Daniel’s Prayer In Chapter 9 -- By: Charles E. McLain

Journal: Detroit Baptist Seminary Journal
Volume: DBSJ 09:1 (Fall 2004)
Article: Daniel’s Prayer In Chapter 9
Author: Charles E. McLain


Daniel’s Prayer In Chapter 91

Charles E. McLain2

Introduction

That Daniel 9 contains perhaps the most significant prophecy for understanding most other OT and NT eschatological passages can hardly be denied. It has been described as “the ‘key’ to prophetic interpretation…the ‘backbone’ of prophecy.”3 Desmond Ford says that it is “not only the devotional heart of the book but also contains ‘the crown jewels’ of Old Testament prophecy.”4 Alva J. McClain claims that no other prophecy is “more crucial in the fields of Biblical Interpretation, Apologetics, and Eschatology.”5 Henry Guinness claims that “of all prophecies in the Bible, Daniel’s of the ‘seventy weeks’ is the most

wonderful and the most important. It stands erect among the ruins of time like the solitary and colossal obelisk amid the mounds of Heliopolis.”6 Boice identifies it as “a decisive passage for all the various systems of prophetic interpretation.”7 If space permitted, the accolades of the four prophetic verses of this chapter (vv. 24–27) could continue for many pages.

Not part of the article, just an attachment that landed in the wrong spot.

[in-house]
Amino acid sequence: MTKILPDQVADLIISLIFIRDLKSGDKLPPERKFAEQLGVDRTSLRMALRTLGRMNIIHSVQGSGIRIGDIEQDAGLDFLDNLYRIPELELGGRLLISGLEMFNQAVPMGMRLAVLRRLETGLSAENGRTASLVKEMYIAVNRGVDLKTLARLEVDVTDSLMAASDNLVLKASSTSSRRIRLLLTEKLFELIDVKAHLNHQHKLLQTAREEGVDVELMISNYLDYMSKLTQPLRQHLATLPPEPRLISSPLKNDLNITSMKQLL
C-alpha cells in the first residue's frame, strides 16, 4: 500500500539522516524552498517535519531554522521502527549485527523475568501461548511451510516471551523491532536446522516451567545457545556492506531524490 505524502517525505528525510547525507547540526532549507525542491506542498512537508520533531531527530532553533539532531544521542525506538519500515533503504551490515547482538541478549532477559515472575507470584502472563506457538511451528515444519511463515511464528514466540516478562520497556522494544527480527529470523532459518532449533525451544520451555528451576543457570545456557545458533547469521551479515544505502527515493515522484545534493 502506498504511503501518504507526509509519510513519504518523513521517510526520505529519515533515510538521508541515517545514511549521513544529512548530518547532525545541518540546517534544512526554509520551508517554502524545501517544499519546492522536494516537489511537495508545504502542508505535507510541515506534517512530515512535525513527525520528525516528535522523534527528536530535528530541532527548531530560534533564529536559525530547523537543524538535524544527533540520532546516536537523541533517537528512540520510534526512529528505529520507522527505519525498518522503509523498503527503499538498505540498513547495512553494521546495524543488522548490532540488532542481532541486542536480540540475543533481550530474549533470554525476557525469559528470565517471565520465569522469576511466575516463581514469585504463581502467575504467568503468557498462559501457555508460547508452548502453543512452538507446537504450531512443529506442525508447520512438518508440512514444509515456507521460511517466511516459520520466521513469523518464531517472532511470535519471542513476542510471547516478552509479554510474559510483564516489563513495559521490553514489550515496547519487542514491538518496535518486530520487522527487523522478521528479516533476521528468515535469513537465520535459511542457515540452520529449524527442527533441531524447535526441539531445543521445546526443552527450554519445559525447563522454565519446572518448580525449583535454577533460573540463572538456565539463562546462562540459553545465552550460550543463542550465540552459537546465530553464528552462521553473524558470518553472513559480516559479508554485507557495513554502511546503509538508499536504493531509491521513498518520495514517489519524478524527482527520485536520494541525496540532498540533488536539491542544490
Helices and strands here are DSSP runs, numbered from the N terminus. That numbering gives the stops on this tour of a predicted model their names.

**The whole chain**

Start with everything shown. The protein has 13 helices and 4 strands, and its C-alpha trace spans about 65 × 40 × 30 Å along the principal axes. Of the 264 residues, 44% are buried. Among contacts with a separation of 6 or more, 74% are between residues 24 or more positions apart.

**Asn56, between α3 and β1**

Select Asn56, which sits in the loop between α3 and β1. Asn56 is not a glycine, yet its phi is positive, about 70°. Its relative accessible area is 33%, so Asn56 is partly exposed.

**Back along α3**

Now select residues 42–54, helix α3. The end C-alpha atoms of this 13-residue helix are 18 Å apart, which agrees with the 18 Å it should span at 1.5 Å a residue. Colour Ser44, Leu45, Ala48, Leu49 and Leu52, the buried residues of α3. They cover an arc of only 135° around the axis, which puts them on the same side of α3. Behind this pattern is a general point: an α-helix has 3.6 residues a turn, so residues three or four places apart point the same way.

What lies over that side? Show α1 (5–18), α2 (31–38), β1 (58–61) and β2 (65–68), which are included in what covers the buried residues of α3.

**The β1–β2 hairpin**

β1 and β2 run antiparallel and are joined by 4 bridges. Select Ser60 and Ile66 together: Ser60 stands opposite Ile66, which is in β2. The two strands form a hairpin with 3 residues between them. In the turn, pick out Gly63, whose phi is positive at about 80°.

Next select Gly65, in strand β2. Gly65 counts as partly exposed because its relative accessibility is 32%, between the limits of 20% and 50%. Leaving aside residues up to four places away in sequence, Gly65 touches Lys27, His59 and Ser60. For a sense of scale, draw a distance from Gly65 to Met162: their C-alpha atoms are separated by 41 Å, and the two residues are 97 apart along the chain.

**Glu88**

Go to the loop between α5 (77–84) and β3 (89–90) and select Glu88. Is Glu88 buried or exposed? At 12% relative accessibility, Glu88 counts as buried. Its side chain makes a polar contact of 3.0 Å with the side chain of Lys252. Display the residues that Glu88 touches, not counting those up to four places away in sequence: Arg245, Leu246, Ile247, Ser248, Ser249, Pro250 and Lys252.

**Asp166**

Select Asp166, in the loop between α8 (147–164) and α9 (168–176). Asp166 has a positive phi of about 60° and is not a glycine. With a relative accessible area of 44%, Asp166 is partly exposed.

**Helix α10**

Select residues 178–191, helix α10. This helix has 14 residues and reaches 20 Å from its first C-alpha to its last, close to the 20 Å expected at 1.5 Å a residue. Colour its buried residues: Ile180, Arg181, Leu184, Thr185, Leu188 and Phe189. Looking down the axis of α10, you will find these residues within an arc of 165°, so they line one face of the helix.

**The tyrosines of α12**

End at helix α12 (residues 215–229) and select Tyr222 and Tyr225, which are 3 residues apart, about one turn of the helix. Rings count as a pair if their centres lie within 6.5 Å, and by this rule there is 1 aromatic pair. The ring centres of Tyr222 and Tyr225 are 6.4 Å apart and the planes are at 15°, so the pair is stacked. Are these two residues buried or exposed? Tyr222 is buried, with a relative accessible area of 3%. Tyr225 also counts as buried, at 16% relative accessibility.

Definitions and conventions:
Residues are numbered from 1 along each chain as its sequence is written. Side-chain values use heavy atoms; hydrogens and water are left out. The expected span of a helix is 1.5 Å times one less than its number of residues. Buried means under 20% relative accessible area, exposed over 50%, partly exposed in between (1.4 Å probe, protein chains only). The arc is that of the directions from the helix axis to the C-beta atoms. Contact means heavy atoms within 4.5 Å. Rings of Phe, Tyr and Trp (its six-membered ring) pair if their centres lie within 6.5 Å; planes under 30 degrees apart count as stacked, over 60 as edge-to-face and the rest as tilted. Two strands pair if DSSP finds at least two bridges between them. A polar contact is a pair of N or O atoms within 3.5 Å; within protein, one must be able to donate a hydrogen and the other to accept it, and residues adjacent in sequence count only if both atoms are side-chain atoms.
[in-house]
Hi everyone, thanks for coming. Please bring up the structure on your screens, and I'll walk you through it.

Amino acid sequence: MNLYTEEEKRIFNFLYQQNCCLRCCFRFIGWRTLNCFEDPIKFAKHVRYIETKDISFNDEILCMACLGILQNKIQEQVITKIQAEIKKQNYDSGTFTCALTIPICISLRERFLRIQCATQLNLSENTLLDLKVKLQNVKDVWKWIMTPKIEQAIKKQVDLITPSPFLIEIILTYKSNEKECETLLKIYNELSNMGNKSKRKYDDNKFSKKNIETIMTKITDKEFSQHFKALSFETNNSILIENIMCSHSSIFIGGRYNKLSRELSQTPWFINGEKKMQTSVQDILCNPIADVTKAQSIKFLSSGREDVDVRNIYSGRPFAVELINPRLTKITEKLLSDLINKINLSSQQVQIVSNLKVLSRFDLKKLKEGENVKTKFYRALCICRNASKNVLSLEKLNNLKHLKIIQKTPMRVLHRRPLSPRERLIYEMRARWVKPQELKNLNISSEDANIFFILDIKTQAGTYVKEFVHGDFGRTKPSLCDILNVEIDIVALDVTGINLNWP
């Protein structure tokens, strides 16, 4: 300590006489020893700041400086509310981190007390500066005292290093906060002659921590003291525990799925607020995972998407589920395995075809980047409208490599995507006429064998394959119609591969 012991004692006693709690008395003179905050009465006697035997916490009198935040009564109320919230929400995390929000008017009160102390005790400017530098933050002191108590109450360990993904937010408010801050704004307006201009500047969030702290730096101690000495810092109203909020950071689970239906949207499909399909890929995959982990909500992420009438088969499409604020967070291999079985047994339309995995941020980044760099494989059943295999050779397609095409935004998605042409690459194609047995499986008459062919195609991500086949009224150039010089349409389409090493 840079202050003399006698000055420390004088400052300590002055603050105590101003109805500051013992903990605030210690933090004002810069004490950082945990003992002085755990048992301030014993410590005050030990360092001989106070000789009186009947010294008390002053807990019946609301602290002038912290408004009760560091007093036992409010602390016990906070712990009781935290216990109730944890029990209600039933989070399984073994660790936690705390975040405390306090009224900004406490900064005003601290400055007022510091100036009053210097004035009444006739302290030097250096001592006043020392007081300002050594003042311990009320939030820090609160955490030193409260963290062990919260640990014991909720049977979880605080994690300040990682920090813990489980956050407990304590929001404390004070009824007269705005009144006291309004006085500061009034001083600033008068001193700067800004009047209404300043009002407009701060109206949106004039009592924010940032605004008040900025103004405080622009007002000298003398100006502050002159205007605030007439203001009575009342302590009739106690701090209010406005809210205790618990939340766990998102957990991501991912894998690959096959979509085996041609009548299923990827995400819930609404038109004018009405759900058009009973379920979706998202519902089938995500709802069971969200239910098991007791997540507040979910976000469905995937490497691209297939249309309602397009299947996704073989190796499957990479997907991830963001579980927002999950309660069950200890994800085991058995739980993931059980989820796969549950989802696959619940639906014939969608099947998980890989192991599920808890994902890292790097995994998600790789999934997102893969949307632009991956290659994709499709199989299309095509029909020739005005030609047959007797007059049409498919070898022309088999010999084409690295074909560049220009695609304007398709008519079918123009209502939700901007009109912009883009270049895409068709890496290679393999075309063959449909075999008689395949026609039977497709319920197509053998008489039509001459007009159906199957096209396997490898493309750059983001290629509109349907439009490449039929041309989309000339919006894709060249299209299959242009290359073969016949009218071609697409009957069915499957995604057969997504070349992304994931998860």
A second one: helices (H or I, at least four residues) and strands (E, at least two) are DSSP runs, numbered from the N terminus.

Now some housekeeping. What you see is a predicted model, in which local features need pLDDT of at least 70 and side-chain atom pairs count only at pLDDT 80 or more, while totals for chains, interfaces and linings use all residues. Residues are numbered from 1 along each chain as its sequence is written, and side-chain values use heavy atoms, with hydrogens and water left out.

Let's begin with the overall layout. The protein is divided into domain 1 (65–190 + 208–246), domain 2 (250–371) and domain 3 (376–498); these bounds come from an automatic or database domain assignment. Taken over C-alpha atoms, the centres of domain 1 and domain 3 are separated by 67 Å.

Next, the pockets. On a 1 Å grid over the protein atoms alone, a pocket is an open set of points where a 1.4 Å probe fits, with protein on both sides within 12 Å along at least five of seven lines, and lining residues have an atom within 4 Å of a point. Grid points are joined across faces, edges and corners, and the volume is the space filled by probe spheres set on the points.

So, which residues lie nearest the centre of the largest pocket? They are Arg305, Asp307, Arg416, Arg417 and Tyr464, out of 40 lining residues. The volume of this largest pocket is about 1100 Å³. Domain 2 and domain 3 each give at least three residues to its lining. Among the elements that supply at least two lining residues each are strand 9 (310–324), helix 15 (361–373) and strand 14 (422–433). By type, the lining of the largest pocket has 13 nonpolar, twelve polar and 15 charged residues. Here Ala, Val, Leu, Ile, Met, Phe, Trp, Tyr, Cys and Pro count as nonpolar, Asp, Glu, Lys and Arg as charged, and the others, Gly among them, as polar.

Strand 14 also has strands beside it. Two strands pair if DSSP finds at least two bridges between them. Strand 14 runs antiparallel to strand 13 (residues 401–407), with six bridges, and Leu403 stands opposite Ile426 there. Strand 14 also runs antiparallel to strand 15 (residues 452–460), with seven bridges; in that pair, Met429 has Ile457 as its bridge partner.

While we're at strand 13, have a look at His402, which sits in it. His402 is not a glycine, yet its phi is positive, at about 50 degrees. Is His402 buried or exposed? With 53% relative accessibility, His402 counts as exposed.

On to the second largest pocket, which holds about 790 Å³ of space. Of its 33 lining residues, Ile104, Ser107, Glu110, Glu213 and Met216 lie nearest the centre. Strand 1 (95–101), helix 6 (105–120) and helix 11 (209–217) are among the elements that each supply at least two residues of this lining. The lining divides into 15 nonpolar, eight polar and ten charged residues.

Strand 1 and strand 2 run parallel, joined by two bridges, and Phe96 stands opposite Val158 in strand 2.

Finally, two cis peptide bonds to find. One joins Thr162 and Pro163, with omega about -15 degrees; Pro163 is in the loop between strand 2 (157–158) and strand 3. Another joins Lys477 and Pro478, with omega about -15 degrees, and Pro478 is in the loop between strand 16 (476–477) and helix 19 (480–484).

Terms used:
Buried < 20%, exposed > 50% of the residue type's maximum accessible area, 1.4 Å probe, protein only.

Though the “seventy weeks” prophecy of Daniel 9 is certainly of great significance, however, the chapter contains more than these four verses of prophecy. Yet while multiple volumes have been written on the last four verses of the chapter, the first twenty-six verses have received comparatively little attention. Many articles and discourses on this chapter begin abruptly with verse 24, giving no reference at all to the verses that precede. At times it appears as if verses 24–27 were the chapter and verses 1–23 were a kind of apocryphal appendage deserving less than slight attention. This reality is perhaps based in mankind’s insatiable appetite to gorge on the future and what it holds while viewing the past, if not as tasteless fare, at least as twice-chewed food unfit for present consumption. So we hurry through the chapter’s extended opening as through a salad appetizer, assuming that the “main course” contains all the flavor and nutrients we seek.

We ...

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